Lebanon Daily News Brief 11/17/2021

Wednesday, November 17, 2021


UNICEF Delivers 97 Tons of Lifesaving Medical Supplies
Through funding from the US government, UNICEF has delivered 97 tons of lifesaving medical supplies to Lebanon’s Ministry of Public Health. [US Embassy Beirut] The delivery arrives as medicine prices in Lebanon skyrocket again following a lift on most drug subsidies. [The National]

Riad Salameh Pushes Back on Investigations
Today central bank governor Riad Salameh disputed investigations into his money dealings led by Switzerland, France, and now Luxembourg. He said in a statement that during his tenure he asked for an audit of his transactions and investments and the results show that “not a single penny of public money” was used. [AP]

Iraq Approves 500,000 Tons of Gas Oil to Lebanon
Yesterday Iraq approved an agreement to send Lebanon 500,000 tons of gas oil. The export follows a July deal between the two countries where Lebanon would pay in goods and services for 1 million tons of fuel oil a year. [Reuters]

Protests for Family Members Arrested Following Beirut Port Blast
Following last year’s explosion at Beirut Port, Lebanese authorities arrested the port manager and more than 20 port and customs officials. Today families of those arrested protested outside of Beirut’s Justice Palace with demands to release their loved ones. Those arrested have remained imprisoned meanwhile nobody has yet been convicted for the blast. [Al Monitor]


Poverty as Politics: Lebanon Runs on Empty
Jean AbiNader

AbiNader writes, “Despite the repeated warnings and admonitions to Lebanese leaders, they seem immovable in terms of moving ahead with painful yet necessary reforms. PM Najib Mikati’s agenda for pushing the political process forward to launch even simple reforms is in peril as the opponents of change are deliberately obstructing the few steps he is proposing. The indication from the World Bank is that Lebanon may need 12 to 19 years to recover to its pre-crisis per-capita GDP, and that is only one indicator of quality of life. It is indeed the darkest of times for Lebanon and its people.”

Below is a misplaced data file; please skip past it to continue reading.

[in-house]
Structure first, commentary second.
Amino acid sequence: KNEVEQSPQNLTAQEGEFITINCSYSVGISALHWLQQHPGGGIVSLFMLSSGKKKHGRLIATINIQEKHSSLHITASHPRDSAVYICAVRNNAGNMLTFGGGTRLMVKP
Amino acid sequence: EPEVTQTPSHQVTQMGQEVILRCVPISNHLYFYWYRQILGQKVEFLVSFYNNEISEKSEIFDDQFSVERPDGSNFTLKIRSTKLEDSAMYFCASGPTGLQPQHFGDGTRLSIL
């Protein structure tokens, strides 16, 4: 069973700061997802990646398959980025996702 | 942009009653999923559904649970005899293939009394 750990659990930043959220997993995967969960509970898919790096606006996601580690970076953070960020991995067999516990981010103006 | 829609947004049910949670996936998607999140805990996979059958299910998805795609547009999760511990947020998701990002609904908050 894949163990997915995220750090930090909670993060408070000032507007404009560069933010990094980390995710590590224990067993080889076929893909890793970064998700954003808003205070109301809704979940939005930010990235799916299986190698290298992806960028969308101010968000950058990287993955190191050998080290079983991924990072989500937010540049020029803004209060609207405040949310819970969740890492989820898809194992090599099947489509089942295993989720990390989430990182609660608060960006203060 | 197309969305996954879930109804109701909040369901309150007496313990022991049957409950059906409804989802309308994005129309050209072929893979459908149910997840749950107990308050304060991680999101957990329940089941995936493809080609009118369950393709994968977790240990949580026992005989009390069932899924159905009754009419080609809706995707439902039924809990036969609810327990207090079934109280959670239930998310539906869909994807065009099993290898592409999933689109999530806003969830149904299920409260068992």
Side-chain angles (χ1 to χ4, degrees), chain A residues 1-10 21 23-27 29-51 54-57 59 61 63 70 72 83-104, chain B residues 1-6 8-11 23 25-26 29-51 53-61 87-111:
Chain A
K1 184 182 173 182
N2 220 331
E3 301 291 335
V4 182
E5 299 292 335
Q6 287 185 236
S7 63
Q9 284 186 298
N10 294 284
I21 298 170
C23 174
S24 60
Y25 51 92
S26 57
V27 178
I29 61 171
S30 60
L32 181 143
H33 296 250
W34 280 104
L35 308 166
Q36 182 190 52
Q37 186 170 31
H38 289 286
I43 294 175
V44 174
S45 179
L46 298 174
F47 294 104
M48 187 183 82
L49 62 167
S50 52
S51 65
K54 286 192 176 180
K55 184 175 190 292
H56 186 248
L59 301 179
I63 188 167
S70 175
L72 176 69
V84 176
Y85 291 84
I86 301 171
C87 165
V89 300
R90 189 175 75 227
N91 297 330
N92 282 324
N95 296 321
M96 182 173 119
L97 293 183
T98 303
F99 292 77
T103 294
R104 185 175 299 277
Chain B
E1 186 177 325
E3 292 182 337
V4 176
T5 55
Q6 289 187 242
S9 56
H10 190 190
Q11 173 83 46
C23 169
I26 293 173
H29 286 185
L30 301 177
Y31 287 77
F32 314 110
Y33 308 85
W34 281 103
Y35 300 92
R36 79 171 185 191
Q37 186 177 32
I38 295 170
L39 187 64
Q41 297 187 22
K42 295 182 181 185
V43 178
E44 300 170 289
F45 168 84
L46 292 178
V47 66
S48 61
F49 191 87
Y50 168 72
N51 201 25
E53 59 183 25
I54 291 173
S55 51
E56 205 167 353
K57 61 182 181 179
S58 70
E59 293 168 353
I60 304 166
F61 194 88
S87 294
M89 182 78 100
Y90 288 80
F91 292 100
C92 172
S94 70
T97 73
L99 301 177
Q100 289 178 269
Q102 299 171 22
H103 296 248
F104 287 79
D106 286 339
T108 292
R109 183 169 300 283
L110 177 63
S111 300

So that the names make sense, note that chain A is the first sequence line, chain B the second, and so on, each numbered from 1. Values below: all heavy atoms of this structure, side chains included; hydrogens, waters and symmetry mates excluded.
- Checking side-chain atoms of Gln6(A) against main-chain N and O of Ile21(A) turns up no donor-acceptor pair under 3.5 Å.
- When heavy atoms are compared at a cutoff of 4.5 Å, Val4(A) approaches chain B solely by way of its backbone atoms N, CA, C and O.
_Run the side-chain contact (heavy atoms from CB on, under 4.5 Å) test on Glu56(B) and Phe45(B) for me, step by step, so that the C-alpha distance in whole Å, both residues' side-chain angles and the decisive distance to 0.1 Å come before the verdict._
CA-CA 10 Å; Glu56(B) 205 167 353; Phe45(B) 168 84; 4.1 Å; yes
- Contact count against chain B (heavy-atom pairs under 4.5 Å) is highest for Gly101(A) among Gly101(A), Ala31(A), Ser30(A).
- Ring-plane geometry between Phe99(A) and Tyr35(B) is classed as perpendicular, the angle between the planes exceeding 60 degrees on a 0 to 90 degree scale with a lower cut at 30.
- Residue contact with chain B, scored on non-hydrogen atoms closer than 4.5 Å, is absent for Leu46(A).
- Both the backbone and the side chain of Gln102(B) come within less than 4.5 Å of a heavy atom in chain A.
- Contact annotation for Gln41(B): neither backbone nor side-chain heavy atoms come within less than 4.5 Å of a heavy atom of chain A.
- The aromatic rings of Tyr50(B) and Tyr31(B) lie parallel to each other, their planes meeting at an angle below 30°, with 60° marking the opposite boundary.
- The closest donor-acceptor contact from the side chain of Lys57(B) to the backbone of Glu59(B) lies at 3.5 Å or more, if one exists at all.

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The Lebanese Center for Policy
Tackling Lebanon’s Electricity Crisis: Lessons from Yemen
Neil McCulloh

McCulloh writes, “Lebanon’s electricity system is in a deep crisis. Power from Electricite du Liban (EDL)—the insolvent state-run utility—is now available for barely two hours a day, as the population has to rely on increasingly expensive diesel generators for power. In light of this crisis, it is useful to learn lessons from other countries that have faced similar circumstances. One such country is Yemen. Lebanon’s situation is, fortunately, not yet as dire as that facing the people of Yemen, where war has been raging since 2015. But the very different responses to the collapse of Yemen’s electricity system from the two authorities fighting for control over the country reveal some important and relevant lessons for Lebanon. This brief outlines the Yemeni experience following the collapse of its electricity sector and derives lessons to be learnt for Lebanon. It discusses the approaches taken by the authorities controlling different parts of the country to address a near breakdown in service, notably the Houthi administration in the North, who fully liberalized the market, and the Internationally Recognized Government (IRG) in the South, who maintained a state monopoly on energy production and a highly subsidized tariff.”

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Disclaimer: The views and opinions expressed in these articles are those of the author and do not necessarily reflect the position of the American Task Force on Lebanon, a non-profit, nonpartisan leadership organization of Lebanese-Americans.